The usual host of the videos takes centre stage and his usual role is filled by an adorable and bubbly guest (no spoilers). Michael passionately discusses gamification in the classroom. Gamification is often confused with game-based learning. Whereas game-based learning incorporates games directly into lessons (for example, using Monopoly to teach statistics), gamification is about incorporating elements of games into lessons with the aim of engaging and motivating learners. Both have value, but there’s a distinction (one that I didn’t realise previously). Michael calls it “prime pedagogy” that works for learners of all ages. Furthermore, gamification adds another layer of learning beyond the lesson content. Students learn to cooperate and problem-solve, for example. It also builds relationships and sport-like bonds between learners. Michael suggests considering three elements of a game: theme, team and task. These are explained in detail in the video. He also suggests starting small. There’s no reason to have it all mapped out before it’s implemented. I’m sold! I immediately ordered his book, Explore Like a PIRATE, to find out more.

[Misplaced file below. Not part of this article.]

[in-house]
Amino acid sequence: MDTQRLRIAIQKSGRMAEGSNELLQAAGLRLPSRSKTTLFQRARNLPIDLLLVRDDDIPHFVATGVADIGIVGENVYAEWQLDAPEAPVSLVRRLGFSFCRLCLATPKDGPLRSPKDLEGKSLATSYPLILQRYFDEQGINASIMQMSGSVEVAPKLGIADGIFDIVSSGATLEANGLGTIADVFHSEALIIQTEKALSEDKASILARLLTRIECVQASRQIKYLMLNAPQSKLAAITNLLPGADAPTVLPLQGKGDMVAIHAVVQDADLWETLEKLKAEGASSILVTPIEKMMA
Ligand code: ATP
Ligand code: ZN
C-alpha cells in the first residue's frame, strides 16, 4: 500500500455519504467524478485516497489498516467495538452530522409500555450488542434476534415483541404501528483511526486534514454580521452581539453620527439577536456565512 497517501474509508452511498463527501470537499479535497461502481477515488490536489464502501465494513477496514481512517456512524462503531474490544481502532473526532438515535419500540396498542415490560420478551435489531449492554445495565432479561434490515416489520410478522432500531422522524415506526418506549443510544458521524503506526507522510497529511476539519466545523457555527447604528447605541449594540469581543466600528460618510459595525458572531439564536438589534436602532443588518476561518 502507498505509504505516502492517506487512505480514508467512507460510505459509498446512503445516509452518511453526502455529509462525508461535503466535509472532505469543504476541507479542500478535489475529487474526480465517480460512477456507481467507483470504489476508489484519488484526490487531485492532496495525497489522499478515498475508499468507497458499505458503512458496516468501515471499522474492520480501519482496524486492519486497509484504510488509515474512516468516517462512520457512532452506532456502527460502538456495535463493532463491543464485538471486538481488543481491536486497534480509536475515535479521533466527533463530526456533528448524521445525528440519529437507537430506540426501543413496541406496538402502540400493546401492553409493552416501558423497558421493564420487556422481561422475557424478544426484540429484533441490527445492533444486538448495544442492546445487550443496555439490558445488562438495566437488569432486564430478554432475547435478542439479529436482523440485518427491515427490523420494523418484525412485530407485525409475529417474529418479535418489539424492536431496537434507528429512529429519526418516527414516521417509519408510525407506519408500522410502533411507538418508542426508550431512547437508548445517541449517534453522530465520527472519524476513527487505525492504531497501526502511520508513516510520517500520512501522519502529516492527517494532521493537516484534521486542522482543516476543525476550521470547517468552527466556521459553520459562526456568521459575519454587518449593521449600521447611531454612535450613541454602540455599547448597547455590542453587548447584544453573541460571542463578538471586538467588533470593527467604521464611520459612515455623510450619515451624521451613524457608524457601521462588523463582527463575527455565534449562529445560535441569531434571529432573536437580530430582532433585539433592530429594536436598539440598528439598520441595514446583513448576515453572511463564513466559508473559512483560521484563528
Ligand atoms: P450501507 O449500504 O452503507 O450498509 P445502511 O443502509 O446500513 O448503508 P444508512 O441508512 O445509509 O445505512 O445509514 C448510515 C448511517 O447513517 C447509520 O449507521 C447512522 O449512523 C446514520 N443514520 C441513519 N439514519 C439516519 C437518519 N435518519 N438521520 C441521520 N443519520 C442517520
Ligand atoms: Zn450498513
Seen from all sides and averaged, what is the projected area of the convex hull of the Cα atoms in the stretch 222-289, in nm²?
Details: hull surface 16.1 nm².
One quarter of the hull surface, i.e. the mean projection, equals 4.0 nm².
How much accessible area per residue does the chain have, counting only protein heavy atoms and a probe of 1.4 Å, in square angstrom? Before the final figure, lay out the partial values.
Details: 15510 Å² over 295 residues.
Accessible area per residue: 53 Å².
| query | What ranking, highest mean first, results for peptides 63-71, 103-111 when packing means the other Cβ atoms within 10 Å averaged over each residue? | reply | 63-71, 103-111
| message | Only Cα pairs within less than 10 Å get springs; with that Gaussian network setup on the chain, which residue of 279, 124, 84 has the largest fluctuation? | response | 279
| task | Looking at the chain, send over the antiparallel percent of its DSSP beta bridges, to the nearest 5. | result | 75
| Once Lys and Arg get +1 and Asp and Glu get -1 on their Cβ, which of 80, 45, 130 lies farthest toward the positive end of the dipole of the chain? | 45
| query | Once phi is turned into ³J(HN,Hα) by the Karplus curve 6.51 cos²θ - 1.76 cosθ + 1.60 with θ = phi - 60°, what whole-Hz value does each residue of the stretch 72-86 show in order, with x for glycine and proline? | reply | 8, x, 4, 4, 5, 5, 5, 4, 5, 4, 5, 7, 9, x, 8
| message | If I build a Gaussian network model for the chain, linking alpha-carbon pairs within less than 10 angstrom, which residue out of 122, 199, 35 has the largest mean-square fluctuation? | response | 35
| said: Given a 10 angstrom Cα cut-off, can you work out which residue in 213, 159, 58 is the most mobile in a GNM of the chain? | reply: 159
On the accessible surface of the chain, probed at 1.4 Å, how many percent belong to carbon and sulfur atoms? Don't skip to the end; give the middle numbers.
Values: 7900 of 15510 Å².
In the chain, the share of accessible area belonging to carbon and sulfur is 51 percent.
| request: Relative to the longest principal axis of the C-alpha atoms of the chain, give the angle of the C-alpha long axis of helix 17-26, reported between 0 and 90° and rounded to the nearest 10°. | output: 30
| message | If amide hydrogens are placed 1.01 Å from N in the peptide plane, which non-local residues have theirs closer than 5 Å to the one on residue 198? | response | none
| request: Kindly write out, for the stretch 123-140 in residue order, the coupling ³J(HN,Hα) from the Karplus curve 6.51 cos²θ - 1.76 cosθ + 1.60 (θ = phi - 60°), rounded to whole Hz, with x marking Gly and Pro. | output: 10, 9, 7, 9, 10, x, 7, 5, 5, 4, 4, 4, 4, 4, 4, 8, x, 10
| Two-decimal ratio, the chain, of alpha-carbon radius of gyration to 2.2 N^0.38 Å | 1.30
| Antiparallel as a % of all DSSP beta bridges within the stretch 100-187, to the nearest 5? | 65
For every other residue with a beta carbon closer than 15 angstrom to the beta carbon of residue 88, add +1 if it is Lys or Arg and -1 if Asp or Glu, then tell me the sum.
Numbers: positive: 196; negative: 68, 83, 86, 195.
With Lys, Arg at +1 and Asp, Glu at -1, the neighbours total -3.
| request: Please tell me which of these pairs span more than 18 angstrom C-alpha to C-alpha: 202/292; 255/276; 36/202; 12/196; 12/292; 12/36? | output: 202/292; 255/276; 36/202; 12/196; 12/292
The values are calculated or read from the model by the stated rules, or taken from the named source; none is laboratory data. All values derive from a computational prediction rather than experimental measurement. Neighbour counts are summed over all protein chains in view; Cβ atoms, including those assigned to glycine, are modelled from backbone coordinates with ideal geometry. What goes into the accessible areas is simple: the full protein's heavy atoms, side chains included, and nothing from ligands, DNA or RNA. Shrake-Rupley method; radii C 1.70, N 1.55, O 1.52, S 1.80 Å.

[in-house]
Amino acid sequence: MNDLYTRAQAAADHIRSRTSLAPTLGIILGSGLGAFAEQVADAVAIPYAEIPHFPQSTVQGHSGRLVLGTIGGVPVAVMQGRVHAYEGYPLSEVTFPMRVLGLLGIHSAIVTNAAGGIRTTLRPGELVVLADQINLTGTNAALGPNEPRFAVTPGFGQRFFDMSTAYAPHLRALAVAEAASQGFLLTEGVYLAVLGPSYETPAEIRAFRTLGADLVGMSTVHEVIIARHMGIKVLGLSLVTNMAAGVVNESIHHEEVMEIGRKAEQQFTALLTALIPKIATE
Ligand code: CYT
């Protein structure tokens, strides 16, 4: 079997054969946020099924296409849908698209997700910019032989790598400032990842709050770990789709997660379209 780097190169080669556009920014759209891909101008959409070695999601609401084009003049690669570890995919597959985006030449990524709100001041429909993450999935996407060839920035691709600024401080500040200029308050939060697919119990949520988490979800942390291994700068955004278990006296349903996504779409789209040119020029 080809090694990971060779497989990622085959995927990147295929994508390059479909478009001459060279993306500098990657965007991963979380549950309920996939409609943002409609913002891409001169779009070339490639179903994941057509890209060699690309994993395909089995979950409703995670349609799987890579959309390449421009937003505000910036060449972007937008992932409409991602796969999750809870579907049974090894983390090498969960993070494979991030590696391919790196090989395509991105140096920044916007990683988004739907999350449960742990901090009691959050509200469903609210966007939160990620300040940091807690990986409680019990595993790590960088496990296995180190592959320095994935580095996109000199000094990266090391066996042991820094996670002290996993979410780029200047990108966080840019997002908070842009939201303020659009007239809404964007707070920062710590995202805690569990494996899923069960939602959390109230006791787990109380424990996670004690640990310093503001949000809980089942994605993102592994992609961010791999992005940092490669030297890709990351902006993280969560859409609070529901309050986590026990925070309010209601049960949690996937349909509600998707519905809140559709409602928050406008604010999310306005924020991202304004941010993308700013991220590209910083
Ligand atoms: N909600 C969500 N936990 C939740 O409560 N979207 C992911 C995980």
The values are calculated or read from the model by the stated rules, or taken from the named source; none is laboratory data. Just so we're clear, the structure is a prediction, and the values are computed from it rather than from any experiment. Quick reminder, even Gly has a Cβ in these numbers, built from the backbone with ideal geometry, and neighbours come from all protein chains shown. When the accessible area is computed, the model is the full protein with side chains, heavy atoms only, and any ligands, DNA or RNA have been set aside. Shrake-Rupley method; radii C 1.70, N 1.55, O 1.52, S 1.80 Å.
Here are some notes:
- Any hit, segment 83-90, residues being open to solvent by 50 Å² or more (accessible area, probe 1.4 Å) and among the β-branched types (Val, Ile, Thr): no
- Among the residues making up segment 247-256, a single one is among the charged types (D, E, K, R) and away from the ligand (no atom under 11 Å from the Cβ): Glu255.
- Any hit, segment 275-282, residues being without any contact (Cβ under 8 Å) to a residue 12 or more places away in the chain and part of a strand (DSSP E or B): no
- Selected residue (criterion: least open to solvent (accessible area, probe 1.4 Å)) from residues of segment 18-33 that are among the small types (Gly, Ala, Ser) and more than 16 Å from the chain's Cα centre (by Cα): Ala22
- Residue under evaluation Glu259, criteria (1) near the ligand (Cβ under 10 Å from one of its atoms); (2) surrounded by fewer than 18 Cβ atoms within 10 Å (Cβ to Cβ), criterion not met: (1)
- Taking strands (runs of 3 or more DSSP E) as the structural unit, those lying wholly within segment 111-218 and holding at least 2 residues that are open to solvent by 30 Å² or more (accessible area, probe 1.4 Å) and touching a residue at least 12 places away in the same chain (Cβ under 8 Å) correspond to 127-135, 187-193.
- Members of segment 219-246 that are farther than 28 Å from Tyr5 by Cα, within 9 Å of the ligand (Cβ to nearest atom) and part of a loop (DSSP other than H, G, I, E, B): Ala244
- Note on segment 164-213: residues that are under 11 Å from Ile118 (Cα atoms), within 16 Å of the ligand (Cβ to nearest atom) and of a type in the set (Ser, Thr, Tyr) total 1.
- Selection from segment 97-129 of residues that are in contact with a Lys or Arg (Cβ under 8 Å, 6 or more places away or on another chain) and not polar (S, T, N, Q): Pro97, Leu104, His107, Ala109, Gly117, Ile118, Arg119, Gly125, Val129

Day 7: Sarah Thomas (@sarahdateechur)
Sarah Thomas of EduMatch discusses the “mindblowing” power of being a connected educator. This is a topic that is very close to my heart! The idea that social media can provide a career upswing is one that resonates with me. I wish every teacher realised! In the discussion, Sarah offers advice on how to get connected using different platforms and how to utilise the connections. For example, she discusses the benefits of joining online communities and Twitter chats. Also, she encourages you to join the EduMatch database and use it to connect with more educators (you can search by location, favourite hashtags or areas of interest). Following another suggestion by Michael and Sarah, I will explore Voxer as another professional platform. I don’t know anything about it at this stage but I keep hearing positive things!
Day 8: Joe Sanfelippo (@Joe_Sanfelippo)
Leading on nicely from the previous video, Joe Sanfelippo (co-author of Hacking Leadership and The Power of Branding) also urges teachers and administrators to get connected because “we are better together”.
“If social media isn’t your thing, make it your thing!”